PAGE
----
Peter Lindbom, Obligo

    Goals 9 – Industries, Innovation and Infrastructure

    Infrastructure may come to mind quickly to any investor thinking of linking the SDGs to real assets. Whether in developing countries or mature economies, infrastructure needs to be upgraded to accommodate a larger world population and gain efficiencies. Goal 9 “Industries, Innovation and Infrastructure” is probably the most obvious of the 17 goals for this asset class. Target 9.4, for example, aims at “upgrading infrastructure and retrofit industries to make them sustainable, with increased resource-use efficiency and greater adoption of clean and environmentally sound technologies and industrial processes” (…) by 2030. Goals 6 “Clean water and sanitation” and 7 “affordable and clean energy” are also central for many infrastructure projects.

    Regardless of the SDGs, Infrastructure investments are long-term in nature. Sustainability is, therefore, a necessary feature in any project. Some investors cite investments made only 10 or 15 years ago, that increased environmental concerns have already made obsolete. At Obligo, an Oslo- and Stockholm-based specialised manager focused on real estate, infrastructure and shipping, ESG integration resides at the centre of the investment process. The company is also the first Nordic signatory of GRESB Infrastructure, an investor-led organisation which benchmarks ESG performance for real assets. It also provides a standardised ESG reporting methodology specially targeted at infrastructure, as well as data, screening criteria and selection process.

    In recent years, infrastructure as an asset class has increased in popularity among investors looking to diversify from highly valued real estate and hoping to capture some additional return from a long-term illiquidity discount. Given the nature of infrastructure projects, however, the asset class remains mostly accessible only to investors with substantial portfolios. While direct investments require a high degree of expertise and significant amounts of capital, infrastructure funds offer better access, but minimum investments remain high, and the internal manager selection and monitoring processes are costly.

    Obligo proposes, therefore, a fund-of-funds strategy, which also presents better diversification characteristics than many investors can achieve on their own. Given that the time horizon of infrastructure funds typically exceeds that of other private equity vehicles, obtaining a suitable vintage mix can prove particularly challenging for single investors. The high level of required expertise also results in sector concentrations, which may be challenging to diversify when minimum investments are so significant. The costs of a fund-of-fund may worry some organisations, but the benefits on an asset allocation over time may prove substantial, nonetheless. As Peter Lindbom showed investors in Gothenburg, a 15% allocation to OECD infrastructure to a conservative institutional portfolio composed of bonds, equity, real estate and cash, can improve historical returns over 20 years by 70 basis points, while reducing maximum annual drawdowns and historical volatility.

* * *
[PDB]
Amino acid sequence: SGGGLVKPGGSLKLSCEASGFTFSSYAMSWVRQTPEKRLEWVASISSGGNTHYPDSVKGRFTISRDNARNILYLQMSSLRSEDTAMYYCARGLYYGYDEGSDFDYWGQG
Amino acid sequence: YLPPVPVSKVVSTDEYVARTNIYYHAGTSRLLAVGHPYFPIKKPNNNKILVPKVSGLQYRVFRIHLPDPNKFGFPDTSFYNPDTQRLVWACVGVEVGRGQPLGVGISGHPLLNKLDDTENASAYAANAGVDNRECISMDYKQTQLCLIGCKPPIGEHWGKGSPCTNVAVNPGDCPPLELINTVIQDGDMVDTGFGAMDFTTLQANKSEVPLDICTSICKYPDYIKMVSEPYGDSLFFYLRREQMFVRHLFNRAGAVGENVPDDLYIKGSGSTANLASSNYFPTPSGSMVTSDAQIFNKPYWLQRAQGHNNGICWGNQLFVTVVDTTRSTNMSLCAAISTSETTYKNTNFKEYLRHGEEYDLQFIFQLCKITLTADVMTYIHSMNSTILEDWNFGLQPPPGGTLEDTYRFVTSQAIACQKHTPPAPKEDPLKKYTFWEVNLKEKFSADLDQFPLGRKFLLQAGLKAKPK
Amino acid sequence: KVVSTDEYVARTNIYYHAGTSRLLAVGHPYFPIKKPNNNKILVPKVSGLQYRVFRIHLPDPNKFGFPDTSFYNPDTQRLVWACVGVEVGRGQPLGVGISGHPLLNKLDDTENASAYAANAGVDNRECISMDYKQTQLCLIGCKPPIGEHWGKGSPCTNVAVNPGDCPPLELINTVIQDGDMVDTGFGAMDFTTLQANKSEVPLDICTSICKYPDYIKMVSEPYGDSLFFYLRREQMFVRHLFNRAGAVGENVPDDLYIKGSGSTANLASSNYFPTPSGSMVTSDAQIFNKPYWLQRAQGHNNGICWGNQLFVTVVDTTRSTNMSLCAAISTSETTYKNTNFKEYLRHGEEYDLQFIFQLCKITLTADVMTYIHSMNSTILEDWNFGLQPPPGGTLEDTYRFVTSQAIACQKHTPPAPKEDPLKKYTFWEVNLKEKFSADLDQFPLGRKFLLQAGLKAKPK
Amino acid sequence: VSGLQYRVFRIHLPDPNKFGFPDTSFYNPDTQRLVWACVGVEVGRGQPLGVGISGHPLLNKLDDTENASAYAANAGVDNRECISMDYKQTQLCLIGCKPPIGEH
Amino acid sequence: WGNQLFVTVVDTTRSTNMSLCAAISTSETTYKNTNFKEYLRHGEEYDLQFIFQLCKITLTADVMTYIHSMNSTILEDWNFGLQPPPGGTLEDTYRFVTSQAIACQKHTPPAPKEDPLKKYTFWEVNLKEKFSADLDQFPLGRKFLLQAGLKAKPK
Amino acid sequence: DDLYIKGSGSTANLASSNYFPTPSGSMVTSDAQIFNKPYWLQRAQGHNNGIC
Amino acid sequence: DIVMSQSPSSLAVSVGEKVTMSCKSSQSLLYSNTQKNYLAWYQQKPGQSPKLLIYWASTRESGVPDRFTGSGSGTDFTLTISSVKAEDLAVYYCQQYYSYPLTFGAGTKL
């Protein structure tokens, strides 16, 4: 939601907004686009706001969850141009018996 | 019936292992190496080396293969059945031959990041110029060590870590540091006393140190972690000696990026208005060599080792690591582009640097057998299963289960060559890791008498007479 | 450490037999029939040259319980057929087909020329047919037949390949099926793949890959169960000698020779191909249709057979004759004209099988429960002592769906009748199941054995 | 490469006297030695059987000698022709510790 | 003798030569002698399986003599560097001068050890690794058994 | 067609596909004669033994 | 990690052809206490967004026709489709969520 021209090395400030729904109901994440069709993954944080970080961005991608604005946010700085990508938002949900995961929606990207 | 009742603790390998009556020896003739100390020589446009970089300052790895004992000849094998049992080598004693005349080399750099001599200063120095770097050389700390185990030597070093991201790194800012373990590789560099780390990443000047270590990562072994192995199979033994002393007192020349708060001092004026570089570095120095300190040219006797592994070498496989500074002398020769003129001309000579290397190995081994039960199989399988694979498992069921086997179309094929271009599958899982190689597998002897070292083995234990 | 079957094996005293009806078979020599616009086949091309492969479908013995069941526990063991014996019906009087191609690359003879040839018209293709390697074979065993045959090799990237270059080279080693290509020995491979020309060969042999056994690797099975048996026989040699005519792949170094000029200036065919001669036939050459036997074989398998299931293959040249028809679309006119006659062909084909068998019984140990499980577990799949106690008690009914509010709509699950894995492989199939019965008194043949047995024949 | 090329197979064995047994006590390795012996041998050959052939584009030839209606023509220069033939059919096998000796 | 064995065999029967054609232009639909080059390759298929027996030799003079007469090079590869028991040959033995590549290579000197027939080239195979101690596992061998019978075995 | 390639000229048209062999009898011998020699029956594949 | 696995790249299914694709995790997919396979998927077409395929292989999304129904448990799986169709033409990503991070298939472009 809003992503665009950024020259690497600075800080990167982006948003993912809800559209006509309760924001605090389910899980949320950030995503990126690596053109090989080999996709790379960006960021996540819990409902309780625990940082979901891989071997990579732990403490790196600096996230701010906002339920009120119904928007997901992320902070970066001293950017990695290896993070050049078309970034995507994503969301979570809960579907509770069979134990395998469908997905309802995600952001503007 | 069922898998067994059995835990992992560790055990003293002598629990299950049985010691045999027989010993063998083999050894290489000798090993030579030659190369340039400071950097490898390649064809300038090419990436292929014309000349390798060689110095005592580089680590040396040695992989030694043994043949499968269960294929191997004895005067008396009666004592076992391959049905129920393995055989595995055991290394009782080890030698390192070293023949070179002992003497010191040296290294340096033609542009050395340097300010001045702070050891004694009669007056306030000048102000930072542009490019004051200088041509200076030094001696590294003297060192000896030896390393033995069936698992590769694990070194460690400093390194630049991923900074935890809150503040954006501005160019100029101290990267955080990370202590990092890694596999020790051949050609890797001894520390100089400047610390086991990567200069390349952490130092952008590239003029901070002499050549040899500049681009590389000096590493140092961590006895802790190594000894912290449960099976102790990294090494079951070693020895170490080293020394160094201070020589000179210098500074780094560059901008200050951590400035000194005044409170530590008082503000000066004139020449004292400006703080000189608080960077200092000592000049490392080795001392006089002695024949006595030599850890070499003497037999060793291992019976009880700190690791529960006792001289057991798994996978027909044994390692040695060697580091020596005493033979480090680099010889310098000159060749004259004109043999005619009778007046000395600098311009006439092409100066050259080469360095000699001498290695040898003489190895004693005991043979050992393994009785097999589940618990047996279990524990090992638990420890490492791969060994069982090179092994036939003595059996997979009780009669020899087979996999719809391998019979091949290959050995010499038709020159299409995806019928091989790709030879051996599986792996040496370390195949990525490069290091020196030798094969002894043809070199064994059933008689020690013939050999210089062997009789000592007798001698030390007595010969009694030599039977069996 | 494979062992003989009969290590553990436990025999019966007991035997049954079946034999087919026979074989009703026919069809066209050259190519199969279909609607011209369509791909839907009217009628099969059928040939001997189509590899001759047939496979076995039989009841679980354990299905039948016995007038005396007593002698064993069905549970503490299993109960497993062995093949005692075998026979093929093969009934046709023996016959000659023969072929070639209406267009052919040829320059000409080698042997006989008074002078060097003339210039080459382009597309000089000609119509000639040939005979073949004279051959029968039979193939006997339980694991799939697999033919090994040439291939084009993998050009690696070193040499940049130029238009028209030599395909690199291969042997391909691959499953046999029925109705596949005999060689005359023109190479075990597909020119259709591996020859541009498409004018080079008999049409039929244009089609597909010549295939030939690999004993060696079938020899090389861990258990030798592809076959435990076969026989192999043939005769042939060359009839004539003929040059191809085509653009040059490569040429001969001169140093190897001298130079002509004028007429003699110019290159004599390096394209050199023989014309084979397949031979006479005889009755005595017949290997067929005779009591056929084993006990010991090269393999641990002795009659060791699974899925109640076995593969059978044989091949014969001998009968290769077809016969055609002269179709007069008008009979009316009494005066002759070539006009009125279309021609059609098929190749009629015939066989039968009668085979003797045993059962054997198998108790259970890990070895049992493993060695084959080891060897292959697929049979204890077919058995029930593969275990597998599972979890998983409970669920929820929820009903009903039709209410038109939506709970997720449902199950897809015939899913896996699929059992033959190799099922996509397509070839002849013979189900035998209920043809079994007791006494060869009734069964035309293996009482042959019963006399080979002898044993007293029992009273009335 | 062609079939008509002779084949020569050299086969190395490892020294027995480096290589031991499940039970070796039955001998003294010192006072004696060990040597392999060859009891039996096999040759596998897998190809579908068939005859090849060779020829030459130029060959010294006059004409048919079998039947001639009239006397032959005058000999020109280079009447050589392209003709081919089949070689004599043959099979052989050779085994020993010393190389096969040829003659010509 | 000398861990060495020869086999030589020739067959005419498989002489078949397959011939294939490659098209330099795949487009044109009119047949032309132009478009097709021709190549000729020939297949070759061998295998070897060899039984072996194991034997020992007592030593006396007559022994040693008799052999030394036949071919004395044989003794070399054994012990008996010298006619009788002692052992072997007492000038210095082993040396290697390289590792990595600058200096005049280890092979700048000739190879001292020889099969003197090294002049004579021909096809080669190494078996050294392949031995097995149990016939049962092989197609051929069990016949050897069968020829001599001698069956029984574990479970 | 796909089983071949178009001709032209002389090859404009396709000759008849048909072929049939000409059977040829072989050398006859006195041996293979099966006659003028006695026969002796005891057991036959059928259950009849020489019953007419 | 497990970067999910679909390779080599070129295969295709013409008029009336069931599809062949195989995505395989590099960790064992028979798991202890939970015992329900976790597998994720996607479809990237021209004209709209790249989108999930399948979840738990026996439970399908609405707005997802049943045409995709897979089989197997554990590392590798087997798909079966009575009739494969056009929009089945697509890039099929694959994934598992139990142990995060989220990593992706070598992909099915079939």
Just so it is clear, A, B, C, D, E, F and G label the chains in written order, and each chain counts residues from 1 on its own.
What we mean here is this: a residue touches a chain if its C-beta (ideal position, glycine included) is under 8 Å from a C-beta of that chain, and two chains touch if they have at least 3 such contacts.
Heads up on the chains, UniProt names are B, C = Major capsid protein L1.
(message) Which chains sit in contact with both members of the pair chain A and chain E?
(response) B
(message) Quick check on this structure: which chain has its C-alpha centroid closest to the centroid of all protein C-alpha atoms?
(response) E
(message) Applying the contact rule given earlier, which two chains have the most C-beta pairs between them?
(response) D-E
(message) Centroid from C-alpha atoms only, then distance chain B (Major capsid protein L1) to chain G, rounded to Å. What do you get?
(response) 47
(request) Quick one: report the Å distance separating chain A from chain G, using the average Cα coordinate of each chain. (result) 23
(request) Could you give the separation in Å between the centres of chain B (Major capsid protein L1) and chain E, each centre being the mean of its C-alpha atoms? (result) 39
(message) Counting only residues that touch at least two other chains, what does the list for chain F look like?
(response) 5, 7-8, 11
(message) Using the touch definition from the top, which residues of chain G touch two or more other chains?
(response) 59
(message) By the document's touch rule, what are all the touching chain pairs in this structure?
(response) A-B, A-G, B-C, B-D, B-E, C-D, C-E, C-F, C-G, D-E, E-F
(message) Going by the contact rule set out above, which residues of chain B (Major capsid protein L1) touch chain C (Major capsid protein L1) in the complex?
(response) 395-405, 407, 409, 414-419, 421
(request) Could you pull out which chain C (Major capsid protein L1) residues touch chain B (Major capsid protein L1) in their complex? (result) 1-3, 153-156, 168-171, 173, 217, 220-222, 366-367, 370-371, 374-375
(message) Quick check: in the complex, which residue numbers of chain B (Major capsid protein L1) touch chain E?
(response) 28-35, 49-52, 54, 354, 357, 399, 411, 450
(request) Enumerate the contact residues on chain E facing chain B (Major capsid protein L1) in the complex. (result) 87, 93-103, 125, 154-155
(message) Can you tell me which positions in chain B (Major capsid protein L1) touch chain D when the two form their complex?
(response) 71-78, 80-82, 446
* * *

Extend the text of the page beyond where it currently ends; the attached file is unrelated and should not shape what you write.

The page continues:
Investors looking at allocating capital to the SDGs can find opportunities in all asset classes, but few funds can address goals 2, 9 and 15 as effectively as real assets while providing relatively safe returns and very low correlation to equity and fixed income markets.

    Featured image © Shutterstock

    Event pictures © NordSIP

    Aline Reichenberg Gustafsson, CFA
    Aline Reichenberg Gustafsson, CFA
    Aline Reichenberg Gustafsson, CFA is Editor-in-Chief for NordSIP and Managing Director for Big Green Tree Media. She has 18 years of experience in the asset management industry in Stockholm, London and Geneva, including as a long/short equity hedge fund portfolio manager, and buy-side analyst, but also as CFO and COO in several asset management firms. Aline holds an MBA from Harvard Business School and a License in Economic Sciences from the University of Geneva.